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Roy-Chowdhury, his collaborators and their students found that the majority of existing attack mechanisms aim to misclassify specific objects and activities. However, most scenes contain multiple objects, and there is usually a relationship between the objects in the scene, which means some objects occur more frequently than others.
People who study computer vision call this co-occurrence “context.” Group members demonstrated how to design contextual attacks that change the relationships between objects in the scene.
“For example, a table and a chair are often seen together. But a tiger and a chair are rarely seen together. We want to handle all of this together,” Roy-Chowdhury said. “You could change the stop sign to a speed limit sign and remove the crosswalk. If you changed the stop sign to a speed limit sign but left the crosswalk, a self-driving car’s computer might still recognize that as a situation where it needs to stop.
Earlier this year, at the conference of the Association for the Advancement of Artificial Intelligence, researchers showed that for a machine to make a bad decision, it is not enough to manipulate a single object. The group has developed a strategy for designing adversarial attacks that modify multiple objects simultaneously in a consistent way.
“Our main idea was that successful transfer attacks require holistic manipulation of the scene. We learn a context graph to guide our algorithm on which objects should be targeted to fool the victim model, while maintaining the overall context stage,” said Salman Asif.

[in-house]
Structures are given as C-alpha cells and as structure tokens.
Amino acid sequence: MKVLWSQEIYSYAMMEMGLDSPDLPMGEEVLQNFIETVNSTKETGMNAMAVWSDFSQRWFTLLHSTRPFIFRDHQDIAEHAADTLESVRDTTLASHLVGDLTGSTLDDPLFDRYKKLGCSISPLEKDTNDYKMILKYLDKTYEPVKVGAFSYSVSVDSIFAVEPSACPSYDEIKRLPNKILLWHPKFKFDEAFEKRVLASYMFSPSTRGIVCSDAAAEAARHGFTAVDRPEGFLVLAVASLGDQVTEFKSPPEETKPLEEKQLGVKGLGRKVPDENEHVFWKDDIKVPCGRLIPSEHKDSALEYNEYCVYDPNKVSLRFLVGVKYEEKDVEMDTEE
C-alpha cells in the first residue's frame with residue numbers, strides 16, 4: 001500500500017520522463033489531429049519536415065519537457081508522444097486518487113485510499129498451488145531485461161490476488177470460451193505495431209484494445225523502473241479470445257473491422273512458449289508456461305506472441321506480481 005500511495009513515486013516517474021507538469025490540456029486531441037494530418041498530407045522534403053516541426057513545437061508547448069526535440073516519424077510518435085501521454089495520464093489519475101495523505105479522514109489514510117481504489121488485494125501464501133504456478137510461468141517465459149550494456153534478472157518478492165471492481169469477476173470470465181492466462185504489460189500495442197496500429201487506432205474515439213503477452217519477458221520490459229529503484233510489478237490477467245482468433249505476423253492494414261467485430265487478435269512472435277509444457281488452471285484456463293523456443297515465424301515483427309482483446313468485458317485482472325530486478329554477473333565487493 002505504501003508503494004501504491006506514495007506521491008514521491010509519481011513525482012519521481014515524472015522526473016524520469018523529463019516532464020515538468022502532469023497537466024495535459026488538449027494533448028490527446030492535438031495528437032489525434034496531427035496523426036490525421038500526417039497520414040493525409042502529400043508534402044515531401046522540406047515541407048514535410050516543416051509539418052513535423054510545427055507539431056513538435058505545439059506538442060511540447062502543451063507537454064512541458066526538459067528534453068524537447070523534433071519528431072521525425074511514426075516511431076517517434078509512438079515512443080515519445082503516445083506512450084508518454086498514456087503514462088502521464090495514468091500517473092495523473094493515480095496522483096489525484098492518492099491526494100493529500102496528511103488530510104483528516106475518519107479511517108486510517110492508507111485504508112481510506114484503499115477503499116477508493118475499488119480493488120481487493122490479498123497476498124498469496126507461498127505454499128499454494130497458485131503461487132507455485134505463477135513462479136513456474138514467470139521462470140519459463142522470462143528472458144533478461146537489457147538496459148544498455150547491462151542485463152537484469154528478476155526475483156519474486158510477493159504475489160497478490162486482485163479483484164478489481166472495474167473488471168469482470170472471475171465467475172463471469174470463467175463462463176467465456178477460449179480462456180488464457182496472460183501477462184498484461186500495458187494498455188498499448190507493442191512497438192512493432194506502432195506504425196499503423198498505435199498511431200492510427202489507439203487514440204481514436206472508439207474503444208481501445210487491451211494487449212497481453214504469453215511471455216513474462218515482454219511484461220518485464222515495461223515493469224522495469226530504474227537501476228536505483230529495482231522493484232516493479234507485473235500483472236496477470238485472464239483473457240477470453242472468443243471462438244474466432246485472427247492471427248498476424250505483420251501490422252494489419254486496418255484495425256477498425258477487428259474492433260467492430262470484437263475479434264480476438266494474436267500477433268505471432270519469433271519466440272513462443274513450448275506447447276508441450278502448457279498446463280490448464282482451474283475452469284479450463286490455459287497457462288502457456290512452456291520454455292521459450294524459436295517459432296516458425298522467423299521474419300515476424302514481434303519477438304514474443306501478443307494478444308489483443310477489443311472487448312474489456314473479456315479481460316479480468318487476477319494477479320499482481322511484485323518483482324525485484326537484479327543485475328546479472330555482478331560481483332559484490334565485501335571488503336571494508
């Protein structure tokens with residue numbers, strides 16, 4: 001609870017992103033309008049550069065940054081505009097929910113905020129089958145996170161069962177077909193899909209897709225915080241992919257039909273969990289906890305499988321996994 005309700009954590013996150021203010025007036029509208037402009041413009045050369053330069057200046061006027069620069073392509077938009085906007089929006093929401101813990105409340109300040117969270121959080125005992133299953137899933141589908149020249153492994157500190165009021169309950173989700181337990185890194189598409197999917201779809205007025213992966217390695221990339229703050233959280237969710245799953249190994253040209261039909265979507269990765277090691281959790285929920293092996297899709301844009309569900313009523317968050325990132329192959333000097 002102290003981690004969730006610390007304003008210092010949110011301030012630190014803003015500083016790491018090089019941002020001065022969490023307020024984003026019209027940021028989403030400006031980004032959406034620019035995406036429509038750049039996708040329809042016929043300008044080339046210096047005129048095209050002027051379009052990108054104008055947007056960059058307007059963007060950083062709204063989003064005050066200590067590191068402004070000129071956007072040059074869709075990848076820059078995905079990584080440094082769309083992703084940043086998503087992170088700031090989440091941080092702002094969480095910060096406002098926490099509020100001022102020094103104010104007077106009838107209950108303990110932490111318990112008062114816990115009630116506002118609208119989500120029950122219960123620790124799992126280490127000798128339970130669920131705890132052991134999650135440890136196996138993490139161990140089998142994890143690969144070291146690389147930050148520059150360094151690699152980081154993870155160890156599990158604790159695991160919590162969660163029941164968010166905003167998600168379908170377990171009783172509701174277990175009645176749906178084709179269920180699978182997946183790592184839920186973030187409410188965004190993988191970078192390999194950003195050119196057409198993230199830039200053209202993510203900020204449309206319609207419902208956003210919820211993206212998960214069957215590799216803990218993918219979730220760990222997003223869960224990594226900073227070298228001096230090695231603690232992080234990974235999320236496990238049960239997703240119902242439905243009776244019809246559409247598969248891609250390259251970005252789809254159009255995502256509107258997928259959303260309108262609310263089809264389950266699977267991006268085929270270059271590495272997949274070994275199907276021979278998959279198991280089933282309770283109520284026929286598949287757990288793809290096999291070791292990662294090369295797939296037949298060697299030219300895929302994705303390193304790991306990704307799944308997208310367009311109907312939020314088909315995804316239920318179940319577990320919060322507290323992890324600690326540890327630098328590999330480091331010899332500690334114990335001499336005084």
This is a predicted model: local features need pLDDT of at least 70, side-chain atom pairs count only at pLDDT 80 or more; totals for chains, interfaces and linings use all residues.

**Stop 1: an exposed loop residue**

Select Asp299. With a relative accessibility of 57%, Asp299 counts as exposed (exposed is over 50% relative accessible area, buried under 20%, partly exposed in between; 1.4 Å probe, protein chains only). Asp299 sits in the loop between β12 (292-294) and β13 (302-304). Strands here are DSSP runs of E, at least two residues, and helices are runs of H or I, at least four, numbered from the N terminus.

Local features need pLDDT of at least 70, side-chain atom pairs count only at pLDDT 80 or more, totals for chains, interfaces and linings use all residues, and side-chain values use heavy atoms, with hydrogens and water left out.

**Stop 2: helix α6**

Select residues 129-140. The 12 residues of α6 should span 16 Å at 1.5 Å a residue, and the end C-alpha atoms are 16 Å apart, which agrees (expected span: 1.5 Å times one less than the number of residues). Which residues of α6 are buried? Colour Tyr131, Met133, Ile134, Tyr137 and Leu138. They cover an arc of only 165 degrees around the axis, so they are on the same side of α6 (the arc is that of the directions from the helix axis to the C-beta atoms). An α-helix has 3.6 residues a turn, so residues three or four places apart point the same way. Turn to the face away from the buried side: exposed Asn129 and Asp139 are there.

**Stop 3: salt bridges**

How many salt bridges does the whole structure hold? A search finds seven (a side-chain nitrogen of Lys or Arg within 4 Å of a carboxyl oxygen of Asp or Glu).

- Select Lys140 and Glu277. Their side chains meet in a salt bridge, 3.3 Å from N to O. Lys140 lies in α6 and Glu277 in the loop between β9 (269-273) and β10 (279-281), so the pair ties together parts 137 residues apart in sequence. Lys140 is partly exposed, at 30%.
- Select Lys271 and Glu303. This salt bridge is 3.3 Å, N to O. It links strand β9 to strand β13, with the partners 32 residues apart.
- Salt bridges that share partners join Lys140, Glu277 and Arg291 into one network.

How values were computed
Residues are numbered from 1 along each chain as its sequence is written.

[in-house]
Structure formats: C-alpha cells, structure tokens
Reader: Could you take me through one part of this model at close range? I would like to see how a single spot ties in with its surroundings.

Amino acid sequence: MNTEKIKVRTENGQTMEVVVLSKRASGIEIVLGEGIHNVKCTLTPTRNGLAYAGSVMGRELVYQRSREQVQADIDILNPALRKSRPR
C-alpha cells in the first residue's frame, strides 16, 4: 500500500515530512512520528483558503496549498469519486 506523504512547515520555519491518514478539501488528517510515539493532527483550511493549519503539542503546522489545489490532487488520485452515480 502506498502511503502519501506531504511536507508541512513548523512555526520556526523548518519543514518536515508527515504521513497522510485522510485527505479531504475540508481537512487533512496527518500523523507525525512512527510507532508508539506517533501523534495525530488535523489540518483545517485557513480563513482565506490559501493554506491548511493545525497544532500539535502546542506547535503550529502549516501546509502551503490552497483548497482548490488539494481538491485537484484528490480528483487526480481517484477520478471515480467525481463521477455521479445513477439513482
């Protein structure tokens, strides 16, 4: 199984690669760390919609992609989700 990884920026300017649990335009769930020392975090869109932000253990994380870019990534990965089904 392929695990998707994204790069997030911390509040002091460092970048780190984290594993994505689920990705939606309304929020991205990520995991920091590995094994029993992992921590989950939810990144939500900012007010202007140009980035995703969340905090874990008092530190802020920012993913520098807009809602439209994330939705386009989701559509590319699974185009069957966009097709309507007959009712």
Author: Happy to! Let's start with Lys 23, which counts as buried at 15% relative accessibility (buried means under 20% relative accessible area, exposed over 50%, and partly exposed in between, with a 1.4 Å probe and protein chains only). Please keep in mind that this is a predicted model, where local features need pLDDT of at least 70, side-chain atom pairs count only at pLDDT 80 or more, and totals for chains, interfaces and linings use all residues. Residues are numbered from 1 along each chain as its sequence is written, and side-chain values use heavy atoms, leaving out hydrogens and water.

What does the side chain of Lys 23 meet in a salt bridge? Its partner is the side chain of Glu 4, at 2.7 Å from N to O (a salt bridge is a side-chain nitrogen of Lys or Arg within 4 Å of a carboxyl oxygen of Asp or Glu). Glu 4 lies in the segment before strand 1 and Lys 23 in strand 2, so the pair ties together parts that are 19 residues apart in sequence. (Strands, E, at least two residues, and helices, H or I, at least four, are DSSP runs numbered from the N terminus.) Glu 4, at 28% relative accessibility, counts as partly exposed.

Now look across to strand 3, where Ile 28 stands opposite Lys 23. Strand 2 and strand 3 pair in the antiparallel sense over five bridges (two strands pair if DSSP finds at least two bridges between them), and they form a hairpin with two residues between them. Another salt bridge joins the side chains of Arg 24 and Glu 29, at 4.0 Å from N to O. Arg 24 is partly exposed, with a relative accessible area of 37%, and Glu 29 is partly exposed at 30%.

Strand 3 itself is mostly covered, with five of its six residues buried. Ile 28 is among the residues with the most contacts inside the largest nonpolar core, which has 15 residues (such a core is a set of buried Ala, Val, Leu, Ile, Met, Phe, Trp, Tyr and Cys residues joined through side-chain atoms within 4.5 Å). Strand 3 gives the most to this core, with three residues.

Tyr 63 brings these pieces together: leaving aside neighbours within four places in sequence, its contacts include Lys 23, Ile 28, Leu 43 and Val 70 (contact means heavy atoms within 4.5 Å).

In a paper presented this week at the Conference on Computer Vision and Pattern Recognition, the researchers, together with their collaborators from PARC, a research division of the Xerox company, take this concept further and propose a method where the attacker does not have access to the victim. Computer system. This is important because with each intrusion the attacker risks being detected by the victim and defending himself against the attack. The most successful attacks are therefore likely to be those that do not probe the victim’s system at all, and it is crucial to anticipate and design defenses against such “zero-query” attacks.
Last year, the same group of researchers exploited contextual relationships over time to design attacks against video footage. They used geometric transformations to design highly effective attacks on video classification systems. The algorithm leads to successful disruptions in surprisingly few attempts. For example, adversarial examples generated from this technique have better attack success rates with 73% fewer attempts compared to leading methods for video adversarial attacks. This allows for faster attacks with far fewer probes into the victim system. This paper was presented at the premier machine learning conference, Neural Information Processing Systems 2021.
The fact that adversary context-aware attacks are much more powerful on natural images with multiple objects than existing ones that focus primarily on images with a single dominant object opens the way for more effective defenses. These defenses can take into account the contextual relationships between objects in an image, or even between objects across a scene in images by multiple cameras. This offers potential for the development of much more secure systems in the future.
Transferred from UC Riverside